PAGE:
Here, I think the dissent has the better argument, at least with respect to the first rejection. If the plaintiff was allegedly rejected for lying about having a felony conviction, then evidence that a white male was hired, even though he had lied about a felony record, would tend to discredit the employer's asserted reason. 

This blog reflects the views solely of its author. It is not intended, and should not be regarded, as legal advice on how to analyze any particular set of facts.

Tuesday, June 28, 2016

EEOC's Criminal Records Guidance: Texas v. EEOC & Guerrero v. Cal. Dep't of Corr. (Updated 10/5/16)

On June 27, 2016, the Fifth Circuit reversed the district court's dismissal of the State of Texas's complaint seeking a declaration that the EEOC's Enforcement Guidance on Arrest and Conviction Records violates the Administrative Procedure Act.

Compared with some other federal agencies, like the EPA and the NLRB, the EEOC has rather limited rulemaking authority. The EEOC cannot issue legislative rules under Title VII, so the arrest/conviction guidance does not purport to bind anyone except EEOC staff in carrying out their official duties. This is the most direct way in which the guidance affects employers, as it provides the legal standards under which the EEOC investigates and litigates charges involving potentially discriminatory arrest and conviction policies. Indeed, the EEOC is not even authorized to sue government employers -- that authority lies with the Department of Justice -- so Texas may have a weaker claim, in some respects, than a private employer, which can be sued by the EEOC.

Monday, June 27, 2016

Fisher v. University of Texas & Employer Affirmative Action

The Supreme Court's decision in Fisher v. University of Texas, No. 14-981, likely has quite limited application to affirmative action policies in the employment context. In Fisher, the Court upheld the University's use of race-based affirmative action to promote student body diversity. The Court has long recognized -- since at least the 1977 Bakke decision -- that student body diversity is a constitutionally permissible goal for an institution of higher education. The protection of this goal is grounded in the right to academic freedom under the First Amendment and is entitled to substantial deference.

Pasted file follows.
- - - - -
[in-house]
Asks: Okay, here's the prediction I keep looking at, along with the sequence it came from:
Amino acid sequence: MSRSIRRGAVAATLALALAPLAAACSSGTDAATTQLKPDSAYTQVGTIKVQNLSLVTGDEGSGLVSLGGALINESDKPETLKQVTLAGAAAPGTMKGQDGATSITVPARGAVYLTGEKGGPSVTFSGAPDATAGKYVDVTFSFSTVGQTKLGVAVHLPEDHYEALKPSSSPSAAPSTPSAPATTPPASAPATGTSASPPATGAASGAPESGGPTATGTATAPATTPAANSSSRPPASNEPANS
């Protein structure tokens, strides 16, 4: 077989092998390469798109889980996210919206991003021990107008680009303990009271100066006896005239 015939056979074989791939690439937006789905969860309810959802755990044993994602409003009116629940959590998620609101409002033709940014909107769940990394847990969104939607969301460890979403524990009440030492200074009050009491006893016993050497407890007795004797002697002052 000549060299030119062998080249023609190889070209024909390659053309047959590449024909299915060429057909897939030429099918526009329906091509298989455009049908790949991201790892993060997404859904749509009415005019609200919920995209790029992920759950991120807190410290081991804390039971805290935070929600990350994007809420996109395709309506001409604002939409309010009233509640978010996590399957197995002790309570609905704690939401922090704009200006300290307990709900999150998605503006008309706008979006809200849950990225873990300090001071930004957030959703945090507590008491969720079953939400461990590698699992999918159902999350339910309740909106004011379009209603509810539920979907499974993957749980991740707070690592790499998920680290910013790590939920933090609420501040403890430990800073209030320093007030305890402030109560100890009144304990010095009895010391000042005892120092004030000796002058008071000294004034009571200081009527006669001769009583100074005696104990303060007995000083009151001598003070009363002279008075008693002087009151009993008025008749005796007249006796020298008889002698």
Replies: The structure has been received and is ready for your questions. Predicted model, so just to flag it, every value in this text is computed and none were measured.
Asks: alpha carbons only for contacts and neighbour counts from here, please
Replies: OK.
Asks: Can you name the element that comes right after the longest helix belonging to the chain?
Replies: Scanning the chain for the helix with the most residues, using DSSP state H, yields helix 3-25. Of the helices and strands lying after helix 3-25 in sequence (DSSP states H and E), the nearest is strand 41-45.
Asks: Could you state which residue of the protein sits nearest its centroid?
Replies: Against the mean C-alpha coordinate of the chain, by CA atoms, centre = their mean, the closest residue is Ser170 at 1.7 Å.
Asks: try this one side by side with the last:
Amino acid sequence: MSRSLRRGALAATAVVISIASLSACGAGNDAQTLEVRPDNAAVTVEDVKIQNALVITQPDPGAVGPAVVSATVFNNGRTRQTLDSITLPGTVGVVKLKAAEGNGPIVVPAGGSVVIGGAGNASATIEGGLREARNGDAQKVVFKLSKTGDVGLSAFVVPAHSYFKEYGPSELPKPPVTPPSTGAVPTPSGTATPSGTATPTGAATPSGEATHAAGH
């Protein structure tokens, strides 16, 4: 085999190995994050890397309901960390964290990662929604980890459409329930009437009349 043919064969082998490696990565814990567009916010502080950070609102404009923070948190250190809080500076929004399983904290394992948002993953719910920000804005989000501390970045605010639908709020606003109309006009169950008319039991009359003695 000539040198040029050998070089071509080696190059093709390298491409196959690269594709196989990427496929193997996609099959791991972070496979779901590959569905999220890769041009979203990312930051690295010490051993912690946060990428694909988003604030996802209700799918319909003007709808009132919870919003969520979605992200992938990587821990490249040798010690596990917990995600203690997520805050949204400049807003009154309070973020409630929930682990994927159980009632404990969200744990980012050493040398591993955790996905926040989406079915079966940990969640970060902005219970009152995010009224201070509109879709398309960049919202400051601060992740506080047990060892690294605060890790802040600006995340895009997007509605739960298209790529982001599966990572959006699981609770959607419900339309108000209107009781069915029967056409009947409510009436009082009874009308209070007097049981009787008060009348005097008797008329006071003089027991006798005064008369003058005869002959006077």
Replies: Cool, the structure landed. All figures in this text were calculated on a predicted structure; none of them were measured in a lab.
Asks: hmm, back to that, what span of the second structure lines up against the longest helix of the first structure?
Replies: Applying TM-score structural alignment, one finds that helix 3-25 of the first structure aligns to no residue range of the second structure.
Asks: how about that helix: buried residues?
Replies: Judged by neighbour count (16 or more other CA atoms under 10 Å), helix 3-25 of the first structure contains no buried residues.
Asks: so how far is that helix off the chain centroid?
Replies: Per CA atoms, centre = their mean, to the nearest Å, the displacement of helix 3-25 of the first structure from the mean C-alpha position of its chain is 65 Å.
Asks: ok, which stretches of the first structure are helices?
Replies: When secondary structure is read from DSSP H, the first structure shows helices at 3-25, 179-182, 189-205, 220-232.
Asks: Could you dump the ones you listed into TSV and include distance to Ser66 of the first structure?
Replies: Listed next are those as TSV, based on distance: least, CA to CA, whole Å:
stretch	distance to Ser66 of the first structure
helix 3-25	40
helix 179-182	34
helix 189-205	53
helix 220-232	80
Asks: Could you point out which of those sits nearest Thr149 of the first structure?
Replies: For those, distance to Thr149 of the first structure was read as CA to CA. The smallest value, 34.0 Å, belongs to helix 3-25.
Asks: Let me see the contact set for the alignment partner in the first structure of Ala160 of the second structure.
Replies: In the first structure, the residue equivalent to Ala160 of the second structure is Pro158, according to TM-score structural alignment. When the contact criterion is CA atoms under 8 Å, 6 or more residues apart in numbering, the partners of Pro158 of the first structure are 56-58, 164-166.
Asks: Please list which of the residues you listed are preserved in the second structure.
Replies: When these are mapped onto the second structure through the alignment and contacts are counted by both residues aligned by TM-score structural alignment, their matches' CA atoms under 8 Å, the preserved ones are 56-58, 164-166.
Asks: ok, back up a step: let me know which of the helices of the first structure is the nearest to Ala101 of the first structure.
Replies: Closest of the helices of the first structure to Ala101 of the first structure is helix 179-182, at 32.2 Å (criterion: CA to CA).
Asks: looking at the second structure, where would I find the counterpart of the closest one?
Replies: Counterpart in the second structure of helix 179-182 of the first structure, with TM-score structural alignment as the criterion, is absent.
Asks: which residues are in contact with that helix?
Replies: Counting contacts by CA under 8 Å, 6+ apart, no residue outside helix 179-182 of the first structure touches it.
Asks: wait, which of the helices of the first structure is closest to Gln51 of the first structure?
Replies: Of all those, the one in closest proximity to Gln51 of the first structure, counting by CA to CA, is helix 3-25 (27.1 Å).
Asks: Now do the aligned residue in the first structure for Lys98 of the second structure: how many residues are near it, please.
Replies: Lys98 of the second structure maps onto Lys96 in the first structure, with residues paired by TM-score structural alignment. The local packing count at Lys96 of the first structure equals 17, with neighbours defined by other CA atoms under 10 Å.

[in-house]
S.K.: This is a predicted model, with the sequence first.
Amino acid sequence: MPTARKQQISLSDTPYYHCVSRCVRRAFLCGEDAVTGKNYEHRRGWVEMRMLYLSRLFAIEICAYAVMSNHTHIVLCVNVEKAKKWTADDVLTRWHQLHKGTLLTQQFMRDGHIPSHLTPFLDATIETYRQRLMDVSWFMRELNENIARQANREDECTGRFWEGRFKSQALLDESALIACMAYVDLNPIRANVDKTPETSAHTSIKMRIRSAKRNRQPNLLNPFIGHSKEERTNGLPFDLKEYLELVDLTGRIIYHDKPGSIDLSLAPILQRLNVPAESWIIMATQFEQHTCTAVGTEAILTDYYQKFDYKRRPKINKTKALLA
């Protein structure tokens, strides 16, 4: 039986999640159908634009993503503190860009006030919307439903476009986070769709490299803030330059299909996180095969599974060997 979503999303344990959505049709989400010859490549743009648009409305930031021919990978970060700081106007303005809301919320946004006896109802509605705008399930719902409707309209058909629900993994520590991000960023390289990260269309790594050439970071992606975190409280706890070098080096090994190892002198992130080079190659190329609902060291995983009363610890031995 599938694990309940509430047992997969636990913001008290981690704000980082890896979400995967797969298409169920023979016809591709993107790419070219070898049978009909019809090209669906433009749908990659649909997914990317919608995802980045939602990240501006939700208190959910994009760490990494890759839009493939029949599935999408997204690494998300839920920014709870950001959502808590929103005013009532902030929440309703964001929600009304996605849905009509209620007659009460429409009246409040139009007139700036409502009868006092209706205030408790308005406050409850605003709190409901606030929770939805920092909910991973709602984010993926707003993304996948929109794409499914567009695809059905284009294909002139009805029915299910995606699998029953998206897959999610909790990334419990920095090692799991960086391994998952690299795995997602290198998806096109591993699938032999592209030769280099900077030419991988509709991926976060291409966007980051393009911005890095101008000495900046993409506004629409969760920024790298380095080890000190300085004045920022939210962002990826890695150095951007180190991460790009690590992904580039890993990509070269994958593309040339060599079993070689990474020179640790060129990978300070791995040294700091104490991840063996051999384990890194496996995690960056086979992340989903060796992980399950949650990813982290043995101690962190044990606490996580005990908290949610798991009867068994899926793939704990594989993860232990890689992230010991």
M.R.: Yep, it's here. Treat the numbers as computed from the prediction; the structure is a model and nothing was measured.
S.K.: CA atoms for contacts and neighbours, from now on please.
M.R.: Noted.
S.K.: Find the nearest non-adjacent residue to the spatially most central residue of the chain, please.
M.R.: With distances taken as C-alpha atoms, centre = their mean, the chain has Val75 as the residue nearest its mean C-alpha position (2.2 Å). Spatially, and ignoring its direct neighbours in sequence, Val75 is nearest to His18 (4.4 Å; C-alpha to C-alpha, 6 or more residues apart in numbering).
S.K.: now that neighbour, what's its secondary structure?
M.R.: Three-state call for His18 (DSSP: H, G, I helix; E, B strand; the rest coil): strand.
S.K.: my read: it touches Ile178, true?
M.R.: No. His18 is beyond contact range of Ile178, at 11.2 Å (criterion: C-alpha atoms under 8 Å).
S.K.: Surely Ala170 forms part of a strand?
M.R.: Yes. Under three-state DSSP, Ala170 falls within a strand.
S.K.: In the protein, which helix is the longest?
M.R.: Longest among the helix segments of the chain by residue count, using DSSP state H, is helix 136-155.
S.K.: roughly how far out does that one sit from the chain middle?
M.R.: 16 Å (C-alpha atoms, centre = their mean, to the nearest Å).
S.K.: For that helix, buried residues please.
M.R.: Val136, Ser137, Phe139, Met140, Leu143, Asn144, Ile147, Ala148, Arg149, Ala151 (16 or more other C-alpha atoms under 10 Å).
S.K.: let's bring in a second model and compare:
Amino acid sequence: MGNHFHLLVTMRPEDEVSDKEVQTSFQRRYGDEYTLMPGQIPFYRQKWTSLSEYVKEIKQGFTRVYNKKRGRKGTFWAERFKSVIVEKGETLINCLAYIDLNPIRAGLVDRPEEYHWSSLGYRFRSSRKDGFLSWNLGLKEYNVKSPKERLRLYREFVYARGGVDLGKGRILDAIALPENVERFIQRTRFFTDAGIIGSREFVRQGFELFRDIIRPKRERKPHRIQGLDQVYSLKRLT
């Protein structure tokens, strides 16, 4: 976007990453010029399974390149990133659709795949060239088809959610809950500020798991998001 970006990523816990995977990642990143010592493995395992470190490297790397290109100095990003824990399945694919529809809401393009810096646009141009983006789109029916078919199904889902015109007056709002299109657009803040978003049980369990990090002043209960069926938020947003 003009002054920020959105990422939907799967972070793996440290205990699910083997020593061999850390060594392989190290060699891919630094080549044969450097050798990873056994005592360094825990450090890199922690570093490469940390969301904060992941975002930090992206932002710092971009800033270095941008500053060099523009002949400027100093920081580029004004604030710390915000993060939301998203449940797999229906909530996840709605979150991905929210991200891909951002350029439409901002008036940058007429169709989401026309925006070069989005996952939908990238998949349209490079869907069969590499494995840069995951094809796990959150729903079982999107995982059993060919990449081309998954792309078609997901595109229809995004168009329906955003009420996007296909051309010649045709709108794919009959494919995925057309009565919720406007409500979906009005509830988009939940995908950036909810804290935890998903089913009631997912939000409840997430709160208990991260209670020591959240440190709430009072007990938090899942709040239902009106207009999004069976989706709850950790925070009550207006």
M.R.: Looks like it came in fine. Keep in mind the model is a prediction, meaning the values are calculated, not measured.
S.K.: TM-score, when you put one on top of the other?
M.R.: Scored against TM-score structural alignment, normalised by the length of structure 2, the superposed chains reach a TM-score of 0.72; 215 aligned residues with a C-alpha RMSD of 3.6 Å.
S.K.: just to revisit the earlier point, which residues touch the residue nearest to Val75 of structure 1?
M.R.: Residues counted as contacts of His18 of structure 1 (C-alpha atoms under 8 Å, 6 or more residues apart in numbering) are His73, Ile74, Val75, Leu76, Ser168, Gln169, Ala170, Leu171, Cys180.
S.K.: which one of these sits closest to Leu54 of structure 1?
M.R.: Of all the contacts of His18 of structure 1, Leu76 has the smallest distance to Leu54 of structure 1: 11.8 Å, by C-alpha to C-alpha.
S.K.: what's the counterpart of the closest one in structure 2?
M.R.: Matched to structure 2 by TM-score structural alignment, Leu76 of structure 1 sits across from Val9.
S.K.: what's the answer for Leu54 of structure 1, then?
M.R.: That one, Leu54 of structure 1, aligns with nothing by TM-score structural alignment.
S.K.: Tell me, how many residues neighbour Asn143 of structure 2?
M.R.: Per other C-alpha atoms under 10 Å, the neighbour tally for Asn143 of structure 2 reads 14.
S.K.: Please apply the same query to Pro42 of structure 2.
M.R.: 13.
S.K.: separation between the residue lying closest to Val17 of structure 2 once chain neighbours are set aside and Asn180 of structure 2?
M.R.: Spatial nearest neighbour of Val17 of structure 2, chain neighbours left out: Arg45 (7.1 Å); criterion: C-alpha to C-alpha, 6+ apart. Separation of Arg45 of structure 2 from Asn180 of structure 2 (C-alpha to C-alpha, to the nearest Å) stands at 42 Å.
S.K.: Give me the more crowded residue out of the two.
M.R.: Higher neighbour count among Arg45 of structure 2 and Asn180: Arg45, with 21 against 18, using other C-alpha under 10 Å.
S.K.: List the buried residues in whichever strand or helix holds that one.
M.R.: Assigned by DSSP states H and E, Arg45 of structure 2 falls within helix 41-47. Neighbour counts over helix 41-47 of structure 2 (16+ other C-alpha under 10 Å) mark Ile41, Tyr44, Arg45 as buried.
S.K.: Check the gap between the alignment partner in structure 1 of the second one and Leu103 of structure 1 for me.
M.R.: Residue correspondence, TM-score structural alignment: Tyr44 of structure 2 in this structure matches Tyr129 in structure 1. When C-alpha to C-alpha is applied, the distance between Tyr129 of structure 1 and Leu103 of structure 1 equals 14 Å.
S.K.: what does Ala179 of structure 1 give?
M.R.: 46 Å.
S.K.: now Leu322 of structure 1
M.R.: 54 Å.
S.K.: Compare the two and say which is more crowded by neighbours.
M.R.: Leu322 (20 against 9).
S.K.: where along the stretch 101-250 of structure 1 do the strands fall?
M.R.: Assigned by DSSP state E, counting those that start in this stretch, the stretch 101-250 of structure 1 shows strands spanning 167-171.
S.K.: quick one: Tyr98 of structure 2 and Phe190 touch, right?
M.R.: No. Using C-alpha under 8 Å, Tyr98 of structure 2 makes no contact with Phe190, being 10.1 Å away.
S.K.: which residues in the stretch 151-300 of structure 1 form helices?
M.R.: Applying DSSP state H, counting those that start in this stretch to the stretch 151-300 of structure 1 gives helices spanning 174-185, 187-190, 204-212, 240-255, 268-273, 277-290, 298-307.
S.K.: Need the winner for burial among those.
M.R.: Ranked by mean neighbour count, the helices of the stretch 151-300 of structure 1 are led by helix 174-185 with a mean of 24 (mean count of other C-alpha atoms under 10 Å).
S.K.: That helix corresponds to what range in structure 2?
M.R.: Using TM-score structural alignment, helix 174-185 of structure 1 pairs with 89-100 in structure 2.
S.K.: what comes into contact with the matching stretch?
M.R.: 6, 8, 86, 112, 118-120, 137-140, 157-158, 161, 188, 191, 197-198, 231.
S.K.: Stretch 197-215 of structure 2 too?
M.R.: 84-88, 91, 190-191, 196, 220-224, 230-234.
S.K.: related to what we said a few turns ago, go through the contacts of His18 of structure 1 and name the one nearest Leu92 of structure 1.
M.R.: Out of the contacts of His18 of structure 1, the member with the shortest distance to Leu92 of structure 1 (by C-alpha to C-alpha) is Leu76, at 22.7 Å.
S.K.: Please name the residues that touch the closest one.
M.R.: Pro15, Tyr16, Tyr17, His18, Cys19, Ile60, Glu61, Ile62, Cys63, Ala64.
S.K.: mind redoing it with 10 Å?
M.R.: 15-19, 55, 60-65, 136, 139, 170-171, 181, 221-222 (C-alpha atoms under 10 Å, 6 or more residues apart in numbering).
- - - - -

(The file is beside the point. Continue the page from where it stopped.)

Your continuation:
In the employment context, by contrast, whether under Title VII of the Civil Rights Act of 1964 or under the U.S. Constitution, it seems doubtful that an employer will be able to justify racial discrimination as a means to promote diversity for its own sake.  

Wednesday, June 15, 2016

Why Title VII May Not Apply to Most English-Only Rules

The application of Title VII of the Civil Rights Act of 1964 to workplace English-only rules continues to generate widespread disagreement, both inside and outside the courts. In this post, I discuss an issue that has been overlooked in evaluating English-only rules -- one that, if addressed, may well lead most courts to conclude that Title VII does not apply to the run-of-the-mill English-only rule.